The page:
13. So, no contingent thing or series of contingent things can explain why there are any contingent things at all.
14. But that there are any contingent things at all must have some explanation, given PSR; and the only remaining explanation is in terms of a necessary being as cause.
15. Furthermore, that an individual contingent thing persists in existence at any moment requires an explanation; and since it is contingent, that explanation must lie in some simultaneous cause distinct from it.
16. If this cause is itself contingent, then even if it has yet another contingent thing as its own simultaneous cause, and that cause yet another contingent thing as its simultaneous cause, and so on to infinity, then once again we have an infinite series of contingent things the existence of which has yet to be explained.
17. So, no contingent thing or series of contingent things can explain why any particular contingent thing persists in existence at any moment; and the only remaining explanation is in terms of a necessary being as its simultaneous cause. 18. So, there must be at least one necessary being, to explain why any contingent things exist at all and how any particular contingent thing persists in existence at any moment. 1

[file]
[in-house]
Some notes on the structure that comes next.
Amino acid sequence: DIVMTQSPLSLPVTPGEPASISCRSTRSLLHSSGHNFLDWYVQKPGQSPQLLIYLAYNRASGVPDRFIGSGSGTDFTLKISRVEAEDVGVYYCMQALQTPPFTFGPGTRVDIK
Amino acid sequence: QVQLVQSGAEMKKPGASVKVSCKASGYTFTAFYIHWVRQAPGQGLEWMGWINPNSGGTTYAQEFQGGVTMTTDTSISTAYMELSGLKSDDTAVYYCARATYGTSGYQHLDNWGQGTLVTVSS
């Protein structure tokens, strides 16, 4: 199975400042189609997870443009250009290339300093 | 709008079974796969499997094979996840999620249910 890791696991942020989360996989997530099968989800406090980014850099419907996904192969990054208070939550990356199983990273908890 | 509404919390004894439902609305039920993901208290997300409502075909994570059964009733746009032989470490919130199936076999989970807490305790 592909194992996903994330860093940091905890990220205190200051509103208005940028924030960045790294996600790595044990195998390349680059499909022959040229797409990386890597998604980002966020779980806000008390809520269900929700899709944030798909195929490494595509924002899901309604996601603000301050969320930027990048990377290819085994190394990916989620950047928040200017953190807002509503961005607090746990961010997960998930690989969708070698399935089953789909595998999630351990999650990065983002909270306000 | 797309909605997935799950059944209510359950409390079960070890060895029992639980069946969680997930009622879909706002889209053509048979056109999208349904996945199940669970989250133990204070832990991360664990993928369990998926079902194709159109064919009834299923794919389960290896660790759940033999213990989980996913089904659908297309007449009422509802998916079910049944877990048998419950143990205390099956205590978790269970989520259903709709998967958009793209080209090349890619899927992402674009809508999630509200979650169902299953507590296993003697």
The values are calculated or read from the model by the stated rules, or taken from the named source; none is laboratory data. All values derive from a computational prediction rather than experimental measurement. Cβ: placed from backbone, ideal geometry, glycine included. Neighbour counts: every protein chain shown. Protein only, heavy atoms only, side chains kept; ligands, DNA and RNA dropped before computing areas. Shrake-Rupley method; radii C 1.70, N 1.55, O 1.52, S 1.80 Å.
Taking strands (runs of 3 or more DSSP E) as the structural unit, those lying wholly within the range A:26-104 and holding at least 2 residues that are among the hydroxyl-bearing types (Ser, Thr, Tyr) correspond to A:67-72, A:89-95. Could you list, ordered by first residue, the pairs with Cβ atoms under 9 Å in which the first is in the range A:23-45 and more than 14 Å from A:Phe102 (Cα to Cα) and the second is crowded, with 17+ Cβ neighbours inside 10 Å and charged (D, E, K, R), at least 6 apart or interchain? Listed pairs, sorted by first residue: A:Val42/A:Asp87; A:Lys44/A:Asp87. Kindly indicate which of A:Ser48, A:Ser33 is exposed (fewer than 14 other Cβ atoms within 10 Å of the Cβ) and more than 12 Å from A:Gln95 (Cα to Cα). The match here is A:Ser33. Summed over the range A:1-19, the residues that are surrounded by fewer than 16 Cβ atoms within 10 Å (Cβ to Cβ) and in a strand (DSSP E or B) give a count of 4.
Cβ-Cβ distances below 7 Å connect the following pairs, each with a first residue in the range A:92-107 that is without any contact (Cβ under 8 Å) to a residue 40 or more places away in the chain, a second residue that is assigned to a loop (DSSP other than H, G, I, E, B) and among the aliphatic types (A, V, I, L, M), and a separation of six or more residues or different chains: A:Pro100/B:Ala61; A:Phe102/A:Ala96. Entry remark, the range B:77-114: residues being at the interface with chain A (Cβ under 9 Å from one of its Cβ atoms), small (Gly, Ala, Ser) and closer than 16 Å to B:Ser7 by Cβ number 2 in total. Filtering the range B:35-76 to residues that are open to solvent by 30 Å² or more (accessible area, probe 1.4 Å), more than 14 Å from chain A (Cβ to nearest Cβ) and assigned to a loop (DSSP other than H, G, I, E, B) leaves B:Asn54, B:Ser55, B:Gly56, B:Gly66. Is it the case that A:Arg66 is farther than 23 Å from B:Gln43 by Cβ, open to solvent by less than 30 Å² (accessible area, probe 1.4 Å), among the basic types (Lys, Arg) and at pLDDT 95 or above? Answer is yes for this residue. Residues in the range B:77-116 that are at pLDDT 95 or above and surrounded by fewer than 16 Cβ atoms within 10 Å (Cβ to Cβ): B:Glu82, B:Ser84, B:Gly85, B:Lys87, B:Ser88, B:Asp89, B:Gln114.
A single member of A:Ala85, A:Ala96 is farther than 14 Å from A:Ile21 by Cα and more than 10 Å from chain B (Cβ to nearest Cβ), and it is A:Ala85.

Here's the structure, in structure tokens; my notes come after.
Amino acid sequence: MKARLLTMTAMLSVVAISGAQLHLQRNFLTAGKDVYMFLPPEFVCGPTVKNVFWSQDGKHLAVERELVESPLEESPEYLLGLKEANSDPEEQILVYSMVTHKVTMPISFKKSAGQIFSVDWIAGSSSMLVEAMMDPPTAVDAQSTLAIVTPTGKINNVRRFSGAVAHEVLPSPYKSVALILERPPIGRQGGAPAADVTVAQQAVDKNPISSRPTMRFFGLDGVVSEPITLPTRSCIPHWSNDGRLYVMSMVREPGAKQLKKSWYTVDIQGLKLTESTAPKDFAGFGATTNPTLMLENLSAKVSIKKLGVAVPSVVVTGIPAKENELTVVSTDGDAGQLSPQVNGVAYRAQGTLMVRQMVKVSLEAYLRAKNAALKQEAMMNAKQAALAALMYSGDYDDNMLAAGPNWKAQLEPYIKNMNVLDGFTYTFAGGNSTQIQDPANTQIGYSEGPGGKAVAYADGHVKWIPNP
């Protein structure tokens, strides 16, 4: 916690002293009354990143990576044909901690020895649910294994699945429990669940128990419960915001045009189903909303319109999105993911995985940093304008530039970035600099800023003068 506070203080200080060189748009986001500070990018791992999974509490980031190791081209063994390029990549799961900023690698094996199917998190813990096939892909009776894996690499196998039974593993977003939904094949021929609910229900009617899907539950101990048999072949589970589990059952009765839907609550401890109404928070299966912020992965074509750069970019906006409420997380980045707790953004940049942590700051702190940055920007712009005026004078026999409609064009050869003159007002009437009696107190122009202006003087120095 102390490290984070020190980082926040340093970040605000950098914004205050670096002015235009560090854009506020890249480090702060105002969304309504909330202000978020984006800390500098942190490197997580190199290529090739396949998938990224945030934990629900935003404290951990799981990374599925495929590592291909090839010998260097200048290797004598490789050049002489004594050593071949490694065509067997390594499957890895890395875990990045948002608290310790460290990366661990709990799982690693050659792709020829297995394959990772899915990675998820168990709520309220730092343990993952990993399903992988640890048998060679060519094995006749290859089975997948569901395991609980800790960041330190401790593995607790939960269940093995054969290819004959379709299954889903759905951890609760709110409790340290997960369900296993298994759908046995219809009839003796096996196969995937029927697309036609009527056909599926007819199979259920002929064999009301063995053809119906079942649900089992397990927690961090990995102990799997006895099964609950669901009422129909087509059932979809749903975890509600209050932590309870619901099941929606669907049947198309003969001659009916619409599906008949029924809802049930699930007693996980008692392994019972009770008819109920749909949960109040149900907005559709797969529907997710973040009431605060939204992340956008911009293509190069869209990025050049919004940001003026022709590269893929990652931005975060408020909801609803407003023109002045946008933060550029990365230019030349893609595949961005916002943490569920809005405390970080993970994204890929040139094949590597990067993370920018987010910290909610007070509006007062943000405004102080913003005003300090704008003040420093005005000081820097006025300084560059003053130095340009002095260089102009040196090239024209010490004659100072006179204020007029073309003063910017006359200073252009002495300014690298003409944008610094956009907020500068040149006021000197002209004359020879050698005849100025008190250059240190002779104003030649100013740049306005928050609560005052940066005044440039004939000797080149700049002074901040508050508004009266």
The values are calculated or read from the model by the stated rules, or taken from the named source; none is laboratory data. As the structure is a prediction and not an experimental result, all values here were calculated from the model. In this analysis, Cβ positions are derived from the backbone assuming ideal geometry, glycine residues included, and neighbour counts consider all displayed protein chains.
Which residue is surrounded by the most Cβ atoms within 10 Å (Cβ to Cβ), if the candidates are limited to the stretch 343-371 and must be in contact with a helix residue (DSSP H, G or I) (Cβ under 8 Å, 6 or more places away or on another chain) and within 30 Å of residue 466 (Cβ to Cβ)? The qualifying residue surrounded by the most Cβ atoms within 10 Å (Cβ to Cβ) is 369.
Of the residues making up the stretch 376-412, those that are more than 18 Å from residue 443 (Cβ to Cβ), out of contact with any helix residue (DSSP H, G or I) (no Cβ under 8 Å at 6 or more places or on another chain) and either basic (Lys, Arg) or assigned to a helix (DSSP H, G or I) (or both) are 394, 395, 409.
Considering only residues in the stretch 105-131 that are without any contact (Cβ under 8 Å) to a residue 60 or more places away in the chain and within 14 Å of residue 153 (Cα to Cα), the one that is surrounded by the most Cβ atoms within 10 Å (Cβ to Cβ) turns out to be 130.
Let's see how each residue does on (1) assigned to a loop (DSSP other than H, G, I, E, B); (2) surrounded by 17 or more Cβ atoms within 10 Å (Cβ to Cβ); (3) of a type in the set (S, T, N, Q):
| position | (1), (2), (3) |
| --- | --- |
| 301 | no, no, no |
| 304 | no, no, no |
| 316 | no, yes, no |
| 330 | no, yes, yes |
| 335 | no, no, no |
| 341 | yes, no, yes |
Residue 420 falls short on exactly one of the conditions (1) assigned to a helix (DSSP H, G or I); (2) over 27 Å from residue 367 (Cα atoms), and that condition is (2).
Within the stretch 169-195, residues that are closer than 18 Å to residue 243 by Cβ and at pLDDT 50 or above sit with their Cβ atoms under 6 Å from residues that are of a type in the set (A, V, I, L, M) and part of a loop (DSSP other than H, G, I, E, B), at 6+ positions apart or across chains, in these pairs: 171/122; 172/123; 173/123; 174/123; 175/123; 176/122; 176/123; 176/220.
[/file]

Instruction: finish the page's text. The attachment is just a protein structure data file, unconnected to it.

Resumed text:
9. A necessary being would have to be purely actual, absolutely simple or noncomposite, and something which just is subsistent existence itself.
20. But there can in principle be only one thing which is purely actual, absolutely simple or noncomposite, and something which just is subsistent existence itself.
21. So, there is only one necessary being.
22. So, it is this same one necessary being which is the explanation of why any contingent things exist at all and which is the cause of every particular contingent thing’s existing at any moment.
23. So, this necessary being is the cause of everything other than itself.
24. Something which is purely actual, absolutely simple or non-composite, and something which just is subsistent existence itself must also be immutable, eternal, immaterial, incorporeal, perfect, omnipotent, fully good, intelligent, and omniscient.
25. So, there is a necessary being which is one, purely actual, absolutely simple, subsistent existence itself, cause of everything other than itself, immutable, eternal, immaterial, incorporeal, perfect, omnipotent, fully good, intelligent, and omniscient.
26. But for there to be such a thing is for God to exist.
27. So, God exists.